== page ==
Transcript of Podcast Interview about my book

Below is the transcript of the podcast interview I did with Natasha Golding about my book The New Normal: Autistic musings on the threat of a broken society with references to my poetry collection Existence. The podcast can be found here, and both books are available on Amazon here. Natasha Golding Hello, David. I guessContinue reading “Transcript of Podcast Interview about my book”

My first book “The New Normal” has been published!

I extremely excited to announce that my first solo authored book has been published. The book is called The New Normal: Autistic Musings on the threat of a broken society. At the time of writing, the eBook is available through kindle, and kindle unlimited, and the paperback version will be available in the very nearContinue reading “My first book “The New Normal” has been published!”

Neuroqueer: Authentic embodiment of mental health

This article was Co-Authored by David Gray-Hammond and Katie Munday Trigger Warning: Discussion of mental health It is a surprisingly contentious discussion to have, but the neurodiversity paradigm does not just apply to autistic people and ADHD’ers. Neurodivergent is a broad and inclusive term that applies to any bodymind that diverges from the neuronormative standardsContinue reading “Neuroqueer: Authentic embodiment of mental health”

“Why are you so quiet?” Autistic voices and the fight to be heard

Society is built upon a surprising number of rules that, when fully considered, seem rather arbitrary. In actual fact, societies rules are not arbitrary at all. They are deliberately designed to keep minority groups quiet while amplifying the voice of the oppressors. I think most Autistic people have come across this particular micro-aggression. Sat inContinue reading ““Why are you so quiet?” Autistic voices and the fight to be heard”

Neuroqueer: Depathologising psychiatric “conditions”

A consideration on how neuroqueer theory can be used to depathologise the field of psychiatry and psychiatric conditions.

Neuroqueer: Gender Identity and Autistic Embodiment

This article looks at neuroqueer theory and the Autistic embodiment of gender. It considers how one might construct their gender, and how being Autistic queers our ideas of gender.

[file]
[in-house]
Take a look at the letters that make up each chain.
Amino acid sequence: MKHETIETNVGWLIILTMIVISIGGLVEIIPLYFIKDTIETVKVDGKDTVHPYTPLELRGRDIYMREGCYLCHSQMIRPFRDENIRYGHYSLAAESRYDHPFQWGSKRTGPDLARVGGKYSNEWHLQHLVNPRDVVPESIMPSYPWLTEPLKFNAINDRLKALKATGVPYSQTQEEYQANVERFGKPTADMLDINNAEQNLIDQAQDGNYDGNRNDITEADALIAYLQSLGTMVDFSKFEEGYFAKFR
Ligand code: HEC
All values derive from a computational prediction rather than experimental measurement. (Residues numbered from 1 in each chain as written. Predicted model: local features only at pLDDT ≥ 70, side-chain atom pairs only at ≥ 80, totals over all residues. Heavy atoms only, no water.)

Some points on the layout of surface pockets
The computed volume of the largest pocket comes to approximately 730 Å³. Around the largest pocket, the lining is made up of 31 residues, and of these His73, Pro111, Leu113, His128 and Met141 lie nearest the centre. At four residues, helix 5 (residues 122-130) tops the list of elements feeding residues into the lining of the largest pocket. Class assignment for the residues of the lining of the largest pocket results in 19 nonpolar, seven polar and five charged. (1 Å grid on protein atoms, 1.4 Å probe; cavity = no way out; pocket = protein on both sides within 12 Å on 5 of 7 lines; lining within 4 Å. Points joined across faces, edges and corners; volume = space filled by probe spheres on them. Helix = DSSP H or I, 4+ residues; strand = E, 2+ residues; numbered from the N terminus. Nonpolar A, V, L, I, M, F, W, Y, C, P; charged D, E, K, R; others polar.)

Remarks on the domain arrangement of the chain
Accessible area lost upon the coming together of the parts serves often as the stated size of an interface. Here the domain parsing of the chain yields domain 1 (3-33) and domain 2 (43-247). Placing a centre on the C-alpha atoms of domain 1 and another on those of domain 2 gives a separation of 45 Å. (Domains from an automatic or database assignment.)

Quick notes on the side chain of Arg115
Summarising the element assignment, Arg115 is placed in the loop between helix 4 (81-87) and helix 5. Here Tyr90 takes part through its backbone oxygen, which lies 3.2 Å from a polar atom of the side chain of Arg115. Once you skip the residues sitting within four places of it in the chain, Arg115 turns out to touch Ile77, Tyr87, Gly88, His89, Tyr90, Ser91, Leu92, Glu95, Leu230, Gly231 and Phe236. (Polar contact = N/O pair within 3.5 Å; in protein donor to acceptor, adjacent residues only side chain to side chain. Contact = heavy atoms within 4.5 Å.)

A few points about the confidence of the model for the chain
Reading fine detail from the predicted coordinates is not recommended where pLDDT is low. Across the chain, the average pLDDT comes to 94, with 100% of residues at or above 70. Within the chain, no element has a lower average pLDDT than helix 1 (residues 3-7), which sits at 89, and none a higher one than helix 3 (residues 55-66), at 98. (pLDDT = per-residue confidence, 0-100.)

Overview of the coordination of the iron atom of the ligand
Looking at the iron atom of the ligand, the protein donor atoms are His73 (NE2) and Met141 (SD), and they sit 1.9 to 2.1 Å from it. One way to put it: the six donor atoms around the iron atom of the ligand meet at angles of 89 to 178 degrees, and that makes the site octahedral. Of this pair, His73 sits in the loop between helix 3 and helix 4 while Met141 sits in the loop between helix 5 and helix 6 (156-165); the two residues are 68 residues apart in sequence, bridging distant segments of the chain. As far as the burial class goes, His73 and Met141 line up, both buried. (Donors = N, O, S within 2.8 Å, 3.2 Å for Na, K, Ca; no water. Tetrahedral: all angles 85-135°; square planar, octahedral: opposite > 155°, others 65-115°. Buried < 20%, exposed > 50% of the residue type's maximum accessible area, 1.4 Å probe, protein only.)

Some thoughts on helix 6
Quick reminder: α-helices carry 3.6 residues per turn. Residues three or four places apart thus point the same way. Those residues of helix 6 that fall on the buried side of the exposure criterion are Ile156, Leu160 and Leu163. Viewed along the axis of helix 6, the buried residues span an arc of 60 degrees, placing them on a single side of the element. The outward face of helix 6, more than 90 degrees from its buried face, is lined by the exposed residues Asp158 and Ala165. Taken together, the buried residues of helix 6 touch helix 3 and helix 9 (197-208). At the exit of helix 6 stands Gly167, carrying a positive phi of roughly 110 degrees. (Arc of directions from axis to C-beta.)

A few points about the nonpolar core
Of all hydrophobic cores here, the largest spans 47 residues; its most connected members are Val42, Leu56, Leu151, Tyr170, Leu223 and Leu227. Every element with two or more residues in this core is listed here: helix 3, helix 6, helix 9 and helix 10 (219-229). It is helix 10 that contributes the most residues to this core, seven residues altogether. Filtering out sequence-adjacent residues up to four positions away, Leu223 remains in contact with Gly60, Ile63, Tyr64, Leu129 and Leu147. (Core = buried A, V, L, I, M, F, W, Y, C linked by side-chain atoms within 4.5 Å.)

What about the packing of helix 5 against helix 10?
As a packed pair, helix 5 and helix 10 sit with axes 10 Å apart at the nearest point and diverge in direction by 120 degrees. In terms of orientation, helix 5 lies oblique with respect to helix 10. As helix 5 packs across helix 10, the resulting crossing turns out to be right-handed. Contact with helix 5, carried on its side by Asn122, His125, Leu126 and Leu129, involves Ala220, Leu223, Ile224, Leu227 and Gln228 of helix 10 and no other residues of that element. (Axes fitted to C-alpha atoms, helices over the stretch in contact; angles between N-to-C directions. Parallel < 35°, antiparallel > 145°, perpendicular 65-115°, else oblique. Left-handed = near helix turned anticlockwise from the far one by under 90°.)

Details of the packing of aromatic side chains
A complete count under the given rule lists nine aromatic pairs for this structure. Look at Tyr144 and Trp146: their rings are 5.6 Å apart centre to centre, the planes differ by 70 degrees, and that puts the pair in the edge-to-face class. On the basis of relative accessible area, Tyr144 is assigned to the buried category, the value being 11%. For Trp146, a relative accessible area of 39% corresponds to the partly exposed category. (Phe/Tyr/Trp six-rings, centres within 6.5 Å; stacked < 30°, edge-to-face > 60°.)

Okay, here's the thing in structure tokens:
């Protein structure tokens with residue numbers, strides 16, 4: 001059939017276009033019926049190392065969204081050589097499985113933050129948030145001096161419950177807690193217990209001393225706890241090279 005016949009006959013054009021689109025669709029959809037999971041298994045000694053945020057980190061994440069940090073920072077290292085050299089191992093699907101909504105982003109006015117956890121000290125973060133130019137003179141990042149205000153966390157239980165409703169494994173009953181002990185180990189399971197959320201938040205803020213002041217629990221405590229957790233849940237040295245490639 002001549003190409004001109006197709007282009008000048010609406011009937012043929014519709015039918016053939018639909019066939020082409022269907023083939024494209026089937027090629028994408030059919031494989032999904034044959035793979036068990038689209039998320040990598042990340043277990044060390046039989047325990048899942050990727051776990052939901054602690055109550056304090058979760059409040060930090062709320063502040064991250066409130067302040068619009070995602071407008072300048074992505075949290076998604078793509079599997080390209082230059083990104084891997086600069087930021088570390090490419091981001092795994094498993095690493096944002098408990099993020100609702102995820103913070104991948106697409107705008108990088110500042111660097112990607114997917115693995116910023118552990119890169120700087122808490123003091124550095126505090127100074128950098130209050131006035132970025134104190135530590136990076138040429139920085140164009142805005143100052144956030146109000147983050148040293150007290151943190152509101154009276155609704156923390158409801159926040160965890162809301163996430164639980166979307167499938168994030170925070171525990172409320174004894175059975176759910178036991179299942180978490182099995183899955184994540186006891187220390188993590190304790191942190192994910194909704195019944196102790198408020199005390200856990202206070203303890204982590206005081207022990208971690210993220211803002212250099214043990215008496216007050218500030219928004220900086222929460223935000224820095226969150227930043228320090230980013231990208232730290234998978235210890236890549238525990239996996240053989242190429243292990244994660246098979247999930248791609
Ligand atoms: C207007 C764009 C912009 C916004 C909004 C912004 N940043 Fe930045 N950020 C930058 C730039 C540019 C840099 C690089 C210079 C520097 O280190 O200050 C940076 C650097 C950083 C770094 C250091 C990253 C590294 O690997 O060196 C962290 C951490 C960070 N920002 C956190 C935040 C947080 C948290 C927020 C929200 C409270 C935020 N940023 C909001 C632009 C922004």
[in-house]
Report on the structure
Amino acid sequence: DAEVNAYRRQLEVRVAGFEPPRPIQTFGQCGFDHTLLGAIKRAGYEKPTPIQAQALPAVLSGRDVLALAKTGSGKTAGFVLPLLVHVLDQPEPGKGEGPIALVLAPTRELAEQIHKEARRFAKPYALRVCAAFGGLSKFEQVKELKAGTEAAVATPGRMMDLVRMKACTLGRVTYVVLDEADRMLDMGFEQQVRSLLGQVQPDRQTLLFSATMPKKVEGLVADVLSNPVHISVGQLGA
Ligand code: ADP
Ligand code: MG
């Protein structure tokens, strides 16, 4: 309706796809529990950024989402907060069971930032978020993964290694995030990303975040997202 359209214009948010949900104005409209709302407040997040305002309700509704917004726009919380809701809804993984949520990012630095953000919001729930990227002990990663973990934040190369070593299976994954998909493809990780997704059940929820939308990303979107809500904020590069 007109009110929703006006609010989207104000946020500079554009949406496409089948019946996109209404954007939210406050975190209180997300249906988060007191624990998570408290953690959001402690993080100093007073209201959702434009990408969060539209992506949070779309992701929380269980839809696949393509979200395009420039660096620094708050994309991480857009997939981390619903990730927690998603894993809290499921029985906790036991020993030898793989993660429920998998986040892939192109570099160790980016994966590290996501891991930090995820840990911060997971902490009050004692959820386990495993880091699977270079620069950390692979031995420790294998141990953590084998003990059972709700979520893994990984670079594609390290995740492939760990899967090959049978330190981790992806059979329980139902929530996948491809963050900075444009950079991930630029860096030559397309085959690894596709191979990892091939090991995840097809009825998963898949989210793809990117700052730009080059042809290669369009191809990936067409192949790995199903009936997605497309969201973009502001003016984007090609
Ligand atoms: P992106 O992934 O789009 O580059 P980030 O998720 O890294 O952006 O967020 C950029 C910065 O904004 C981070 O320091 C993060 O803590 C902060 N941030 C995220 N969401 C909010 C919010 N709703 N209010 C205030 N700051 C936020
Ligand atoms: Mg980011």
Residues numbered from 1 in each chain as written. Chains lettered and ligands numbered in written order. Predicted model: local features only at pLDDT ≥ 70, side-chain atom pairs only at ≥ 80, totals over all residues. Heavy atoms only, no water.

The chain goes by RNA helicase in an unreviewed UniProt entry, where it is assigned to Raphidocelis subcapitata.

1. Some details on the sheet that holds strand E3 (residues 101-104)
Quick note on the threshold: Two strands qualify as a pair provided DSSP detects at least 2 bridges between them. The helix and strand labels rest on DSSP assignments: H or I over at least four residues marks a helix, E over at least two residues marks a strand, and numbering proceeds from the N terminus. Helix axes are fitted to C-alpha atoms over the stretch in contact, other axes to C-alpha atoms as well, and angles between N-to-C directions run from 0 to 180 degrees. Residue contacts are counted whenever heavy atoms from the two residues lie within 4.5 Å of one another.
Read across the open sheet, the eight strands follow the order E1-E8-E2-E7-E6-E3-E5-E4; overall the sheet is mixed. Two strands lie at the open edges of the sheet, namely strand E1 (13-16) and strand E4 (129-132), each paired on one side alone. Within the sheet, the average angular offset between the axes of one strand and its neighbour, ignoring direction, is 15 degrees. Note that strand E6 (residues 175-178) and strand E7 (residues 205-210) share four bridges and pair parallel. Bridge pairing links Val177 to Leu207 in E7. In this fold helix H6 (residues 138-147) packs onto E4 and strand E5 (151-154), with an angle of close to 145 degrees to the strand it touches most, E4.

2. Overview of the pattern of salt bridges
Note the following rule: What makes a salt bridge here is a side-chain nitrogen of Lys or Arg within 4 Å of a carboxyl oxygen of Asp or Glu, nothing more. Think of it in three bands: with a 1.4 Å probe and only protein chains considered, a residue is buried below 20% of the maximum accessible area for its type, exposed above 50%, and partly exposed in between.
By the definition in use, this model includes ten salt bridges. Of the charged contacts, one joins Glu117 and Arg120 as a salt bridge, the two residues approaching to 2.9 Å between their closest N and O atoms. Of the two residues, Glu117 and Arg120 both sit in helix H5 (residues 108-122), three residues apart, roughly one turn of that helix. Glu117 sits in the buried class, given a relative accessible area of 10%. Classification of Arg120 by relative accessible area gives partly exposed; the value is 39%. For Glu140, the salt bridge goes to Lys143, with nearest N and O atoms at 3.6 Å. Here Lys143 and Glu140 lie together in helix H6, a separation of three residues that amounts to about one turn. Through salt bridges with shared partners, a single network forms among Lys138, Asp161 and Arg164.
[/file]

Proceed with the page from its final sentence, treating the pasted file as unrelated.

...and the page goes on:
Neuroqueer: An introduction to theory

This article was Co-Authored by David Gray-Hammond, Katie Munday, and Tanya Adkin The emergence and popularisation of Neuroqueer theory in the contemporary disability rights discourse and Autistic rights movement represents a significant step forward. Not only does it encourage pride in ones true self, but it emancipates the Neurologically Queer from the normative attitudes thatContinue reading “Neuroqueer: An introduction to theory”

Autism “cure” culture and normative violence

TRIGGER WARNING: This article contains detailed discussion of harmful “cures”. It also mentions ABA, MMS, Chelation, and has in depth discussion around normative society and the murder of Autistic people. For as long as I have been an advocate, many of my fellow Autistics have spoken out against cure culture. From Applied Behavioural Analysis (ABA)Continue reading “Autism “cure” culture and normative violence”

I’m not Asocial, I’m AuSocial: Conceptualising Autistic sociality and culture

Being Autistic is a nightmare (sometimes, actually, a lot of the time). This isn’t because being Autistic is inherently good or bad, but rather because we are a minority group, and as such experience direct and indirect oppression from the privileged majority. Given that the world is designed by and for that majority, and doesn’tContinue reading “I’m not Asocial, I’m AuSocial: Conceptualising Autistic sociality and culture”

Neuroqueer theory and the Self

When considering our potential, we often think in finite terms. Normativity has dictated that which a human can be. We are also bound, in principle, by the finite nature of our mortality. Thus, we are limited by both cultural and biological variables. However, the limits of what a human, a person, can be are notContinue reading “Neuroqueer theory and the Self”